Sunday, January 17, 2016
Friday, April 24, 2015
Kindergarten practiced making wavy lines with permanent black markers. After making their lines, they added holiday lights with their thumbprints.
To experiment with color mixing and tape resist, the fifth grade students created birch trees. They first added three strips of painters tape to white construction paper. They then started with blue tempera paint and painted the middle section of the paper horizontally. They then added white to create a tint for the lower third of the paper. They added black to the blue tempera paint to create a darker shade for the top third. They then pulled off the tape to reveal the white. They added small details in blue to the birch trees to show texture.
Monday, May 19, 2014
Using the online program Tagxedo, the students typed words to describe their mother. They chose from one of the heart shapes and many color themes to personalize it. I then printed their hearts in color and cut them out. Using a roller, they ModPodged their hearts on ceramic tiles.
Sunday, April 6, 2014
On St. Patrick's Day, the students wrote what they would do if they found a pot of gold at the end of a rainbow. They then followed multi-step directions to draw a leprechaun. They added a rainbow background to their drawing.
Saturday, February 22, 2014
The students have been working on the strategy of "Making Ten" to help them with larger addition problems. But, in order to do that, they need to know what addends make ten quickly first. So, we reviewed by adding dark and milk chocolates. You can find this template on my Teachers Pay Teachers store.
In honor of Dr. Martin Luther King, Jr. the students wrote at least one "dream" or hope they have for the future. After writing, they illustrated their work. Using Audacity software, the students then recorded their "dream" which I mixed together. To listen to their speech, use your smart phone or Ipad to scan the QR code below. I made the QR code using QR Stuff.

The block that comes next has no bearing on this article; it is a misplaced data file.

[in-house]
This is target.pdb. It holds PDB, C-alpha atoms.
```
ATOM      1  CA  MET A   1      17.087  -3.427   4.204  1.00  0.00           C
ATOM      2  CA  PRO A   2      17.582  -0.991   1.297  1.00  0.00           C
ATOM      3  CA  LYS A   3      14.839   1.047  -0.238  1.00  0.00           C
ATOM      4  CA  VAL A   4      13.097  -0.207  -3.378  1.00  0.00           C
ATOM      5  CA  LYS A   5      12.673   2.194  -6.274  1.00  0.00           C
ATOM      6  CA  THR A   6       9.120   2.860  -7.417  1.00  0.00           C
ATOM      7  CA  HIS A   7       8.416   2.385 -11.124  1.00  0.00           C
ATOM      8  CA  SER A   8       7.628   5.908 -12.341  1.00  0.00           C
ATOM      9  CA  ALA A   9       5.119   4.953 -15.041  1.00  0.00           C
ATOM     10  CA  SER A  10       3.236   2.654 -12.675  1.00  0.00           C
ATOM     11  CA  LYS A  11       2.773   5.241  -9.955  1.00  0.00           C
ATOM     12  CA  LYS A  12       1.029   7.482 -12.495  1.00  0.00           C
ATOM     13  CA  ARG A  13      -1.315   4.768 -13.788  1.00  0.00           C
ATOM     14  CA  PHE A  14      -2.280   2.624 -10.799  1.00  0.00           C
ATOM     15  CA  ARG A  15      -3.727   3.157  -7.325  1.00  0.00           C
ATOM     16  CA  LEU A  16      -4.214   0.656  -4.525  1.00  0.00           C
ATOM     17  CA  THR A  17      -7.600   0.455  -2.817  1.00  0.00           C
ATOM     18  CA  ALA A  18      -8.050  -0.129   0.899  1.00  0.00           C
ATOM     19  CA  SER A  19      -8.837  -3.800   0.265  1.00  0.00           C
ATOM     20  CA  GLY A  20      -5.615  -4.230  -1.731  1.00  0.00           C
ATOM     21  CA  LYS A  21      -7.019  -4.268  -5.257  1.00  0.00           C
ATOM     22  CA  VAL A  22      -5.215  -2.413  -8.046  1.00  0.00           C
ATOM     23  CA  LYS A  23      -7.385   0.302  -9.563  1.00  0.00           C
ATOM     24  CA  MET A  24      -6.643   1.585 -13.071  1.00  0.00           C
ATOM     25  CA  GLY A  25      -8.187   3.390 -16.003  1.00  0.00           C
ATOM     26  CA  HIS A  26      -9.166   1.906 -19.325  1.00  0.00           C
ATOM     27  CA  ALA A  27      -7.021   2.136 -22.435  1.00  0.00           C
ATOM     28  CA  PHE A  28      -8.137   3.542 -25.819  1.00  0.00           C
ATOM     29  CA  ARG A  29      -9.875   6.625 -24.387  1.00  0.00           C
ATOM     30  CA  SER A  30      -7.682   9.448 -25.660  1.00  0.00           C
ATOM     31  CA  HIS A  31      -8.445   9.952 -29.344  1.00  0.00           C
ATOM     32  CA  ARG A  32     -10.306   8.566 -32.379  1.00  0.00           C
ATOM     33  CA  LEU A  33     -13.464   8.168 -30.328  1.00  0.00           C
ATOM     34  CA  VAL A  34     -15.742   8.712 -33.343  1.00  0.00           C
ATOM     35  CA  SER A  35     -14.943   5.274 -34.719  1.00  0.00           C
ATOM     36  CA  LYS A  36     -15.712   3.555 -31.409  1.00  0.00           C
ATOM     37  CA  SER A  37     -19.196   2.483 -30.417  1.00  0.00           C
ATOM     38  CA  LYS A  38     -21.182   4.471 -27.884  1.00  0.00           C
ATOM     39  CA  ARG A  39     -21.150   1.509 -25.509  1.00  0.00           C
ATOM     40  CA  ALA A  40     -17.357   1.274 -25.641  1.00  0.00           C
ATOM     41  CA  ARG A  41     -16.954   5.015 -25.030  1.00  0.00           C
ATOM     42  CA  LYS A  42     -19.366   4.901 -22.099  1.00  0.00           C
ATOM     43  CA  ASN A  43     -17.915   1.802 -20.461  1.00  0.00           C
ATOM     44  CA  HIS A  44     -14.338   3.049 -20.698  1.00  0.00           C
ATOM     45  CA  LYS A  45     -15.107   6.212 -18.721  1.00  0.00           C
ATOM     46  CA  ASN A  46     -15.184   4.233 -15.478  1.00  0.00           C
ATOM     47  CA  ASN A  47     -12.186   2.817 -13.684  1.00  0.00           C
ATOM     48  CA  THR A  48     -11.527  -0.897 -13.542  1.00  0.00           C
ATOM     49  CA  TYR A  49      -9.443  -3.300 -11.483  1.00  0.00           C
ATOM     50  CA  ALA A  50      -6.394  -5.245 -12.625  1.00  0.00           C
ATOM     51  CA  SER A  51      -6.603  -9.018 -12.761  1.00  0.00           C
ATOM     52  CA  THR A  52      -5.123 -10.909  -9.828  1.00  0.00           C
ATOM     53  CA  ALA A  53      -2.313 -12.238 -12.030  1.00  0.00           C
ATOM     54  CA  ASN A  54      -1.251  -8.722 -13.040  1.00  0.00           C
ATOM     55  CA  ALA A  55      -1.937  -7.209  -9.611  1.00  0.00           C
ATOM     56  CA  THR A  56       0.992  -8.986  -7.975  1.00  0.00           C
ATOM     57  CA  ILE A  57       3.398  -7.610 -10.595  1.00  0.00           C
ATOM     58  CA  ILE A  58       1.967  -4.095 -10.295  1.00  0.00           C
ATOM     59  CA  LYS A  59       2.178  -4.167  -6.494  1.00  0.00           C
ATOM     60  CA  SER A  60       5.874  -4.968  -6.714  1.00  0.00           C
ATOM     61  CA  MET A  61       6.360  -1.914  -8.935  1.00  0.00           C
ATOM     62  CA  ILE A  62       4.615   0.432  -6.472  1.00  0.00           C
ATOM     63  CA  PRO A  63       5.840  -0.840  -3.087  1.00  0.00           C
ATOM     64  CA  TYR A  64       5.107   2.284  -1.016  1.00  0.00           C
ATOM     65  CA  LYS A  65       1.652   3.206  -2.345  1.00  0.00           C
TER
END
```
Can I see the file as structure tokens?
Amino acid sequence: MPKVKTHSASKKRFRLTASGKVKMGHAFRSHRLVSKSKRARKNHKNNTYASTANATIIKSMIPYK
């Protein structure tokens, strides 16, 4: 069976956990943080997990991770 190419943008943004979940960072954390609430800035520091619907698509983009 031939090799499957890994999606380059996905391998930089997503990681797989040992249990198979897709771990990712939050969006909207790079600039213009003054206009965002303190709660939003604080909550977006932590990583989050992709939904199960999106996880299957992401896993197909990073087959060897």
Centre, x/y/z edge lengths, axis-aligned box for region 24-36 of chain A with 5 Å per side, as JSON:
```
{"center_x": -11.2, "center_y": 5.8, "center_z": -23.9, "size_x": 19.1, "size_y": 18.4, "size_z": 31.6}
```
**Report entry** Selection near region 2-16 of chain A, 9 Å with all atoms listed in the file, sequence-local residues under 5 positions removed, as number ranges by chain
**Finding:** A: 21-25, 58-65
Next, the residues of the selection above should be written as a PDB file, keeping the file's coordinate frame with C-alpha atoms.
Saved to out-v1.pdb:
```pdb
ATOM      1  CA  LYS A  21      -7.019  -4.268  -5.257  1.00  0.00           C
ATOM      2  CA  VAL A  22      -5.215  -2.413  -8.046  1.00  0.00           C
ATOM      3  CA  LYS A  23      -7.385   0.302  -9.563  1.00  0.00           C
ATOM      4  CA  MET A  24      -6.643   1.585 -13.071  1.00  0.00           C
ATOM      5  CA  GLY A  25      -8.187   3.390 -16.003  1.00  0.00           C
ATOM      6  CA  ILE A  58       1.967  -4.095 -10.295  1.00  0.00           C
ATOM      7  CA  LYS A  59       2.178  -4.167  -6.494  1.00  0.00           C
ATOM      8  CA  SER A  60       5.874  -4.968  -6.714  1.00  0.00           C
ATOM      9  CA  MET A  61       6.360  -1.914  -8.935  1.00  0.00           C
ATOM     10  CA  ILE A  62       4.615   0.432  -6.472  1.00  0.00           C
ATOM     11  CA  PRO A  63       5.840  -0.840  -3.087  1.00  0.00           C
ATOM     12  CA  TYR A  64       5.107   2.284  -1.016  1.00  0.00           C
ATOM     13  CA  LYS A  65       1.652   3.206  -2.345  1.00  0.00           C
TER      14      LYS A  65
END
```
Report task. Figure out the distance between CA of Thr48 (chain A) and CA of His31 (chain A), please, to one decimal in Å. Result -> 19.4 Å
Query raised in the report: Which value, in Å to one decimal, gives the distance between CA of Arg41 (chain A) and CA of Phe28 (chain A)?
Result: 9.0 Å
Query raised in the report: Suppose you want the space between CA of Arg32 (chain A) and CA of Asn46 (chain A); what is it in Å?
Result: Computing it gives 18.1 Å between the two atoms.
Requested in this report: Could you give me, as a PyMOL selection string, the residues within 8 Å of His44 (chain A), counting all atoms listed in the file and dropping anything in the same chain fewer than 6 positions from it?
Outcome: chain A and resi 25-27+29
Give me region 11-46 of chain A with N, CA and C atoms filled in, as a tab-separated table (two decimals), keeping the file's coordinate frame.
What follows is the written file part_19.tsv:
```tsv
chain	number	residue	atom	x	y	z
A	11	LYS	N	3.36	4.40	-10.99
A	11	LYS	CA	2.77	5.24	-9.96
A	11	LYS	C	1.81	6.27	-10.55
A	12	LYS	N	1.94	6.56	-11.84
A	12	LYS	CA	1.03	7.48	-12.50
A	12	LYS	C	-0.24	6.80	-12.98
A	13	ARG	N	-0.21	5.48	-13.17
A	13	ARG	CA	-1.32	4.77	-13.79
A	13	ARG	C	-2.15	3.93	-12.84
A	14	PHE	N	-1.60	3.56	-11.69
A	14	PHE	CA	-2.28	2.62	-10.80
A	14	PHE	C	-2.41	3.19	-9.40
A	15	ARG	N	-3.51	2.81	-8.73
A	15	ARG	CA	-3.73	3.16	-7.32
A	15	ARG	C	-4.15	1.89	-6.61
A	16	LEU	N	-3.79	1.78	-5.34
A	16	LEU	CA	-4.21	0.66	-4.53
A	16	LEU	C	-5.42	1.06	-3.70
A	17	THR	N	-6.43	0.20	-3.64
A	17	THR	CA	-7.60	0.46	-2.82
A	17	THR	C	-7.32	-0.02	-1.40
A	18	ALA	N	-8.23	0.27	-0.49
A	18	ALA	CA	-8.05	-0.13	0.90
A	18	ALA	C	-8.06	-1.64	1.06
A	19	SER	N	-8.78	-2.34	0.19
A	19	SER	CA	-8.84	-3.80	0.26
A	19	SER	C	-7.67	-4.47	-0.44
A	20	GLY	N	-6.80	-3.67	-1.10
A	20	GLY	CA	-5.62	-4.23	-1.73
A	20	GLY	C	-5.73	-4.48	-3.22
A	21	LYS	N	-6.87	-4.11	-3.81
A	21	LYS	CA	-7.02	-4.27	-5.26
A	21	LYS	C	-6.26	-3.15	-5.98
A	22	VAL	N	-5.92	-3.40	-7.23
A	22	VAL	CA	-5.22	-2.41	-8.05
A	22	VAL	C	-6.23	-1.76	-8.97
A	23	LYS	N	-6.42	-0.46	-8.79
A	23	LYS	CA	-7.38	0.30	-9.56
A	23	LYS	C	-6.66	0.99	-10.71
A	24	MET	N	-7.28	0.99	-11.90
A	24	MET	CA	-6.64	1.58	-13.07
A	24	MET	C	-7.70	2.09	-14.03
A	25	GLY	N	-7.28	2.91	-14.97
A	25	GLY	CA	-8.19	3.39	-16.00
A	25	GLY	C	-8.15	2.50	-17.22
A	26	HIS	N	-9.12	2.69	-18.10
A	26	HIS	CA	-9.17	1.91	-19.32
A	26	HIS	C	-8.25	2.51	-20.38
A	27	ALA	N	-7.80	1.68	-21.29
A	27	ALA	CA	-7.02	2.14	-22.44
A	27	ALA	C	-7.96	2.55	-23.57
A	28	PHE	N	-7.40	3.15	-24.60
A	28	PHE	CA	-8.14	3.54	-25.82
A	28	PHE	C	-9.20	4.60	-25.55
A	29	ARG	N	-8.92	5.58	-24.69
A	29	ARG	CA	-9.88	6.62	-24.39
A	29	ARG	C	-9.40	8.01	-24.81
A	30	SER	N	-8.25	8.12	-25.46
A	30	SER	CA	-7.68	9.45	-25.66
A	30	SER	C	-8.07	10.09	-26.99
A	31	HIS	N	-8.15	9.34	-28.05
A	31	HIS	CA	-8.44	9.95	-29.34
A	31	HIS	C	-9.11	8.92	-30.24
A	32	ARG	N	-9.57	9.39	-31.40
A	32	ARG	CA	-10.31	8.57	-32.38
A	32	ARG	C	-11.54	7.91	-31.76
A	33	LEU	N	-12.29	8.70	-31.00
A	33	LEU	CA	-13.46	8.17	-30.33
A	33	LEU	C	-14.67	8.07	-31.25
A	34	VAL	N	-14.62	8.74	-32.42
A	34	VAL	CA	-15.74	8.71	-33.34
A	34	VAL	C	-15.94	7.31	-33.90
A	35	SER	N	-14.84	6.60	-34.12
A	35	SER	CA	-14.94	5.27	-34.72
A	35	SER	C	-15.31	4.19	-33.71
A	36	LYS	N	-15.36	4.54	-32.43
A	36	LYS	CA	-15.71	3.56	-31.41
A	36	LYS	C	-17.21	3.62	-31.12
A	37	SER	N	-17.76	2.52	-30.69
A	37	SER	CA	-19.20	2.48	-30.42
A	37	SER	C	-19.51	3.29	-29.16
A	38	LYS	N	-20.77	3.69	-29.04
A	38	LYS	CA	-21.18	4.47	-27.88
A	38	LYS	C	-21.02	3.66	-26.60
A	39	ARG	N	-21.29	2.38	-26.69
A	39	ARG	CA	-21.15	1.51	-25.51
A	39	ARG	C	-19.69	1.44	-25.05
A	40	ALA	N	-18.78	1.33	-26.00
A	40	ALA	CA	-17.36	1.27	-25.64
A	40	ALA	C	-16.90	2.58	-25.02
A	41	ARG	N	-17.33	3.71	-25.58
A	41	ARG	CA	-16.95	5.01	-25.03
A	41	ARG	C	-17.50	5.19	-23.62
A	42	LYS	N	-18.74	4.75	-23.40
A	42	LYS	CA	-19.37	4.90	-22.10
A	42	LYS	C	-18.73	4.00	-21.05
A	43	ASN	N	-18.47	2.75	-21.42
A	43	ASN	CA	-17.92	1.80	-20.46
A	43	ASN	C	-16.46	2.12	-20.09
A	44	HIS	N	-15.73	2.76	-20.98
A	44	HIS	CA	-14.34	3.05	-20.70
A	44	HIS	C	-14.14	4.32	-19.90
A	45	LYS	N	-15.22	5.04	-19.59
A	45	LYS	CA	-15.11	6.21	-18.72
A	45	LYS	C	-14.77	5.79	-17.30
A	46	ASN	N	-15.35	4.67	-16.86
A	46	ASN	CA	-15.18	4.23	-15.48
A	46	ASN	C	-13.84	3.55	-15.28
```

Using PebbleGo, we learned about the life and legacy of Dr. Martin Luther King, Jr. The students then wrote facts they learned on a Bubble Map. They then chose five facts that they found the most interesting or important and added them to a handprint graphic organizer.
Sunday, December 22, 2013
On our last day before the Christmas break, we had our class party. The students made Christmas trees out of ice cream cones, icing, candy, and sprinkles. They also had "magic" drinks made from Sprite and candy canes. Thank you to all of the parents who sent items for the kids to enjoy. Thank you also to the parents who helped set up and clean up.
In writing we researched and compared the role Santa Claus plays in The United States, Germany, France, and Mexico. As a whole group, we charted our findings on a grid for who the gift giver is, what he looks like, how he travels, when he comes, and where he leaves gifts. The students then took notes on their own copy of the grid. Using their notes, they chose to countries, and their version of Santa Claus, to compare on a Venn Diagram. After completing the Venn Diagram, they added heads, hats, legs, and arms to the Venn Diagram to look like Santa. Later in Social Studies we compared even more of the traditions of each country. We also looked at the traditions of Hanukkah in Israel as a part of our Social Studies lessons.
I downloaded and printed these adorable holiday photo props that I found on Pinterest. I took individual pictures of each student for them to put in a card for their parents. I also took a class photo that they could keep. Here are some of the silly photos we took.
To quickly review addition and subtraction fact families, the students created Holly Wreaths. They counted how many leaves and how many berries and wrote their corresponding number sentences. You can download the templates for this mini-lesson here.
We read Too Many Tamales by Gary Soto. After reading, we discussed the story elements of the book and charted them on the Promethean Board. The students then completed a story map on their own to put the story elements in their own words. They also wrote at least one connection they had to the story and illustrated it.